Nature versus narrowboats

Published: Wednesday, 27 November 2019

THE Canal & River Trust has a difficult job trying to balance the interests of nature against the main purpose of canals, which is a means of navigation, writes Dave Hargreaves.

This is especially true at the present time as CaRT has hung its hat on the 'better by water' initiative. This has some logic as at some stage it will have to renegotiate with the government to try to secure a further injection of money.

Being paid for by boaters

If CaRT went along to the government and said that it needed the money to merely keep maintaining the canals and subsidising boaters, quite a few of whom don’t even pay for an up to date licence, then they are likely to be rebuffed and the cost of the waterways would end up being paid by boaters.

Personally I don’t want to pay more than our current £1,000.  At least with a strategy of making the waterways an asset that is open to other users such as walkers, runners , cyclists , canoeists and the rest, then CaRT may be able to persuade the government to part with some more money.  However in its pursuit of a picturesque environment that is attractive to all these other users has the policy gone too far and will end up costing us all a lot of money?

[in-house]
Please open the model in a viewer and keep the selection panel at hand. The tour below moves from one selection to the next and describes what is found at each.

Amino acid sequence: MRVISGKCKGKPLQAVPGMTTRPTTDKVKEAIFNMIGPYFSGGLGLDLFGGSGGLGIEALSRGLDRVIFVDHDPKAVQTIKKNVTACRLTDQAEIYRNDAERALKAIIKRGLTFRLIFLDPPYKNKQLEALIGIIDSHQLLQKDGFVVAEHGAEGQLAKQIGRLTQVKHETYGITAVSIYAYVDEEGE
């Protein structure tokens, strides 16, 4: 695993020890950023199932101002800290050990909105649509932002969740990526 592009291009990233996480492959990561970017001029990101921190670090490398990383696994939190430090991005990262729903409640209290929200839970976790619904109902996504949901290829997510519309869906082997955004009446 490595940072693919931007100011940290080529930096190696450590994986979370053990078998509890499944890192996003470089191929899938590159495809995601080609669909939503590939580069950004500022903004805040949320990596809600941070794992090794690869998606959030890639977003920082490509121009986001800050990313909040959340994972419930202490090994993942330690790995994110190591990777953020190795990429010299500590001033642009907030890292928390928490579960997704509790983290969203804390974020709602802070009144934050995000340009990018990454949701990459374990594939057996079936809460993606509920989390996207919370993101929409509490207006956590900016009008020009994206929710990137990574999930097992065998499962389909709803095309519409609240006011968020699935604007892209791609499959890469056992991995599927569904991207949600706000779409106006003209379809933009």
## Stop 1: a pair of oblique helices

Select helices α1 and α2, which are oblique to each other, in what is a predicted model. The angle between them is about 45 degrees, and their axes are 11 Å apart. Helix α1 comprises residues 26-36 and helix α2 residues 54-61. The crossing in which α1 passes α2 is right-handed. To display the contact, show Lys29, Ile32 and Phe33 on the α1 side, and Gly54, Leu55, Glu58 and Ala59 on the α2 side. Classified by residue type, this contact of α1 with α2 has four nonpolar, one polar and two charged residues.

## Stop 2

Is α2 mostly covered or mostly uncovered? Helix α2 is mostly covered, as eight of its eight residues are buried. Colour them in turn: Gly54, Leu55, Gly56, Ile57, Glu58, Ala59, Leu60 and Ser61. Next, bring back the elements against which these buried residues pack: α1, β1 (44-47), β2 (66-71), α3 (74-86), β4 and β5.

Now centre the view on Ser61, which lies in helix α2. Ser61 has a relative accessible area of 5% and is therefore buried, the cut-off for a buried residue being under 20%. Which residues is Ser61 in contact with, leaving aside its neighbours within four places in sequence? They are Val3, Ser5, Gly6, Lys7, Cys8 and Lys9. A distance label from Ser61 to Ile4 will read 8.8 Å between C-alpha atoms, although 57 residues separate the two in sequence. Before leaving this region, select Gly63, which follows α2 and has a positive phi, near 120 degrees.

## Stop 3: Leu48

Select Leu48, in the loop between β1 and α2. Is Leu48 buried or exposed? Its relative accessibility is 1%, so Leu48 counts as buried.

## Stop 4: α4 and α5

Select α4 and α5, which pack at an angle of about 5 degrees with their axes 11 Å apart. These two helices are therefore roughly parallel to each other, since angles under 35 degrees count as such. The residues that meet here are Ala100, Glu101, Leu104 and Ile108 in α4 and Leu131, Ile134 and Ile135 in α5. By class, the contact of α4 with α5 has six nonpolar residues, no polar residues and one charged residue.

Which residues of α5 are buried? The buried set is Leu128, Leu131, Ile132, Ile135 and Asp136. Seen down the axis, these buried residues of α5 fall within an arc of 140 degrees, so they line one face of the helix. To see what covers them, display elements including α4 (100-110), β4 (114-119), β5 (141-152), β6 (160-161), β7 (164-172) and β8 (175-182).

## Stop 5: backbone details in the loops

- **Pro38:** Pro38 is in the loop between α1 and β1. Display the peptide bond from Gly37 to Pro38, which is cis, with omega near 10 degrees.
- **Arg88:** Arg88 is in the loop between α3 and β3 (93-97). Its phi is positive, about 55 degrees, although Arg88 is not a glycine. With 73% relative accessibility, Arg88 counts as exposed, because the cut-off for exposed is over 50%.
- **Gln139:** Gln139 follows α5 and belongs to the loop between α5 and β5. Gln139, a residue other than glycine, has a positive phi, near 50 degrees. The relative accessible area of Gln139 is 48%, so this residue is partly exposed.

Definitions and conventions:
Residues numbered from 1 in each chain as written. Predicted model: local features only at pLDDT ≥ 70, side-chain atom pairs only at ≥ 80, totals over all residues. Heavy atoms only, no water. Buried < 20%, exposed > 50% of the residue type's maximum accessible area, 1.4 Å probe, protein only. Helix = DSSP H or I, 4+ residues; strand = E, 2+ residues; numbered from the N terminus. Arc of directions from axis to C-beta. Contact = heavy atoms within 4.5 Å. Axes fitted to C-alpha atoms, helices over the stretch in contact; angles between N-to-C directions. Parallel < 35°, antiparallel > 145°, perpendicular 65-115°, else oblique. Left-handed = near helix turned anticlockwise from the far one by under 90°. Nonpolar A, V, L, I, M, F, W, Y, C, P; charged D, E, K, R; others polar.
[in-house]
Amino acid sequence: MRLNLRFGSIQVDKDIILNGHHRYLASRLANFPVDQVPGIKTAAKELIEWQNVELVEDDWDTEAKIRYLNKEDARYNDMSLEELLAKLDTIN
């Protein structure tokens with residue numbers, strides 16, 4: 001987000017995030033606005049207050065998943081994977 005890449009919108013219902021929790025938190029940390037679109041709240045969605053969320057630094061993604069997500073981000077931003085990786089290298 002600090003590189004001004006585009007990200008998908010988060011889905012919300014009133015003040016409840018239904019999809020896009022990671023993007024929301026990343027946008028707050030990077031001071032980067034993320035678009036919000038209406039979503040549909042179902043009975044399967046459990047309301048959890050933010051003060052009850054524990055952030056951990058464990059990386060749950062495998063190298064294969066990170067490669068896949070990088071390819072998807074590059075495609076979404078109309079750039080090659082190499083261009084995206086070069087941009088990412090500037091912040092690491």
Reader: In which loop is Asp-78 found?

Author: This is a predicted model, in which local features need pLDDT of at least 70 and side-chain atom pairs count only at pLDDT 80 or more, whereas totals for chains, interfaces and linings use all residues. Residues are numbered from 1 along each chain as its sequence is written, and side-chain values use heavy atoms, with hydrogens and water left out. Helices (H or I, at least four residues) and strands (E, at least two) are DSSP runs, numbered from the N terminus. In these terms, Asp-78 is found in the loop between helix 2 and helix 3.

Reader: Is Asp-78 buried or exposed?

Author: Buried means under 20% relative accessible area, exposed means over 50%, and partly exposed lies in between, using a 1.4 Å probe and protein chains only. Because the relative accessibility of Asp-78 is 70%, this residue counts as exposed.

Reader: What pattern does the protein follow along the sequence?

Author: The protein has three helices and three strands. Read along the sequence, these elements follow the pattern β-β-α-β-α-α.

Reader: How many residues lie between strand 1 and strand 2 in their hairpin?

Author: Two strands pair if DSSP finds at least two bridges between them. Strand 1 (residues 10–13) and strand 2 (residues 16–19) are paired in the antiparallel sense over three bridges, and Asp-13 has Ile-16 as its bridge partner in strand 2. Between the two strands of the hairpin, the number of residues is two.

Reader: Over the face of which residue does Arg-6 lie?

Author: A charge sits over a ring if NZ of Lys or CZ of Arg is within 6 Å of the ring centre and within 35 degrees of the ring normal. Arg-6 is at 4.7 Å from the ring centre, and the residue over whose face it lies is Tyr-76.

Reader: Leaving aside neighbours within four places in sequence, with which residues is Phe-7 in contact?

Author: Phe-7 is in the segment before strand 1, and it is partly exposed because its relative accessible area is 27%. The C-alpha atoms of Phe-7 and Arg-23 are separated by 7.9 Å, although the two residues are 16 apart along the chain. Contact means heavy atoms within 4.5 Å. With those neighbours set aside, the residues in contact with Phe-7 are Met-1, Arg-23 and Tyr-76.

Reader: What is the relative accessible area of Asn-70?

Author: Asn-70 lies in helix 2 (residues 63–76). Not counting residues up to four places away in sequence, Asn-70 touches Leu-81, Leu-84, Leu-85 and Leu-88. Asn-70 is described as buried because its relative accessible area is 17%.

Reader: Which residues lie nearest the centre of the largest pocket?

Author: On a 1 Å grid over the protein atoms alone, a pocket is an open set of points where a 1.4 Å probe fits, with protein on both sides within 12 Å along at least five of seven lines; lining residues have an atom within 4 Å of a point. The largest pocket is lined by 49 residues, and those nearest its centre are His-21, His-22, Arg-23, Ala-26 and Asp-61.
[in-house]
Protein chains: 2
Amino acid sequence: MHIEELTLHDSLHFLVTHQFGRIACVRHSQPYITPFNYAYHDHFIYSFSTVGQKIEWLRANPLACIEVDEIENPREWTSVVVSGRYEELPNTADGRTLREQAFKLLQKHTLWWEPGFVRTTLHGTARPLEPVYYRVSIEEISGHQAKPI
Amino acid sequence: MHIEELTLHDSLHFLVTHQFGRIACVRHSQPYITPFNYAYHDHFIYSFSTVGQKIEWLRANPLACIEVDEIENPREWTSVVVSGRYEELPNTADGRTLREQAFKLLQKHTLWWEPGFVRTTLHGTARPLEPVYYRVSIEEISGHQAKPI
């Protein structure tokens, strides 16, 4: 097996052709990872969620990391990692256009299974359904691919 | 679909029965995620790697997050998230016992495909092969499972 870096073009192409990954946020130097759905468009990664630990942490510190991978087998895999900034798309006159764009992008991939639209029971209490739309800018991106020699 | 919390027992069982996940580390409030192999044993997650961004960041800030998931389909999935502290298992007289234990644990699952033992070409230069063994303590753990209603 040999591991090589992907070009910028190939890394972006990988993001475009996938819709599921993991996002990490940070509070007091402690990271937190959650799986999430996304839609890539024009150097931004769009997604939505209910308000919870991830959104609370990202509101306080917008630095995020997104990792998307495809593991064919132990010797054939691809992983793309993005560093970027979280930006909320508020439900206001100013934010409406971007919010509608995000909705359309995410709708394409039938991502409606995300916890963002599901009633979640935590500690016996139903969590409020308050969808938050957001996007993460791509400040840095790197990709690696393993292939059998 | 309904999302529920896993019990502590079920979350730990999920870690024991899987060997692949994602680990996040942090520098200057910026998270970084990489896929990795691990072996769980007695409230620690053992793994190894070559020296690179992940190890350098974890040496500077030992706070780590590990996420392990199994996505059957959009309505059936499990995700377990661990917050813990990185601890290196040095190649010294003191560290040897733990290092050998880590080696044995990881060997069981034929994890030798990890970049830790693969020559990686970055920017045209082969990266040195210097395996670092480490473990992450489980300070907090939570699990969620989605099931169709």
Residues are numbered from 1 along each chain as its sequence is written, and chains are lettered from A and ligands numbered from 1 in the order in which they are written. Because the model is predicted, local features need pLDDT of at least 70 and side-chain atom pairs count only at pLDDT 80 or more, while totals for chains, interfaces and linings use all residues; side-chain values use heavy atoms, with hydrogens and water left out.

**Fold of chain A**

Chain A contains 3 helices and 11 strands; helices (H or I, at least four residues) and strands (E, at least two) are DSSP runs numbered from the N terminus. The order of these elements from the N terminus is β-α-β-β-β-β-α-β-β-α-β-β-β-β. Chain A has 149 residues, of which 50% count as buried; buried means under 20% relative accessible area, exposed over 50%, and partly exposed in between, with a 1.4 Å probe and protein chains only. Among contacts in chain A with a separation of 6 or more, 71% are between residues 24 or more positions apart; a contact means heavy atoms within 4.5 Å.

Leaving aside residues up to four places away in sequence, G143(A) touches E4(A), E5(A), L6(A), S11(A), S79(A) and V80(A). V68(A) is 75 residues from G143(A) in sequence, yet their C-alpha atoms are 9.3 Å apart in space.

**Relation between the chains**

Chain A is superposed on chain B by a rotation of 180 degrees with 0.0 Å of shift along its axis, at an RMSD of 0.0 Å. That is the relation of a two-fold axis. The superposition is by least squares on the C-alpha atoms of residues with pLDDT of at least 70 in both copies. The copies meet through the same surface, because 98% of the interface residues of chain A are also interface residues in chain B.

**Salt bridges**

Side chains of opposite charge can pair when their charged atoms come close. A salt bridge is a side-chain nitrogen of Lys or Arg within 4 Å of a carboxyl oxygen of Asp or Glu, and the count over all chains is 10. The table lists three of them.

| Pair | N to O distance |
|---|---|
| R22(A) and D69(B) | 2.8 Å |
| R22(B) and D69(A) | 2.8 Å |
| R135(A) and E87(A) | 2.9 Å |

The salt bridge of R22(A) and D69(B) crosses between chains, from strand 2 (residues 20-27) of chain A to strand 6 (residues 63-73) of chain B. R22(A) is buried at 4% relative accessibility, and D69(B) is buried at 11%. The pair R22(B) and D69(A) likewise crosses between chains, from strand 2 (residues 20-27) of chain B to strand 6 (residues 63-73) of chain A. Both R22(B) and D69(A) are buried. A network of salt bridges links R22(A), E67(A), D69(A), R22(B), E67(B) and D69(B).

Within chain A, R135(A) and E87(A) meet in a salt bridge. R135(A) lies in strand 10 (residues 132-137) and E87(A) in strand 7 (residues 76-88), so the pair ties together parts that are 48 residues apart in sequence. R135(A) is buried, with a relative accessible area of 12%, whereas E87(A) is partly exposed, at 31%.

Rebranding costs a lot of money

Obviously the rebranding and promotion of a wellbeing environment costs a lot of money in itself.  But there are other direct issues such as the issue of vegetation—okay, bushes and trees look nice but if ash/hazel trees are allowed to spread then they will damage piling and even coping stones.  The repair of the infrastructure will be very costly, perhaps not today but in the future.

Mole Hills400Recently I have noticed the proliferation of moles alongside the canal and particularly at locksI attach a picture. In the past I have asked a regional manager about this but the answer was that CaRT had no plans to address this problem.  This could again prove very costly in the future with voids being created behind the stonework letting in water and possible future collapse of the lock wall.

To do nothing is short sighted

I'm not suggesting Hurleston bottom lock is a mole problem but it illustrates the very costly nature of such problems.  Were the recent breaches in Cheshire partially due to animal burrowing?  I don’t know the answer to that but a policy of do nothing is short sighted and may be very costly in the long term.  Nature is an important part of the waterways but not to the detriment of the infrastructure itself.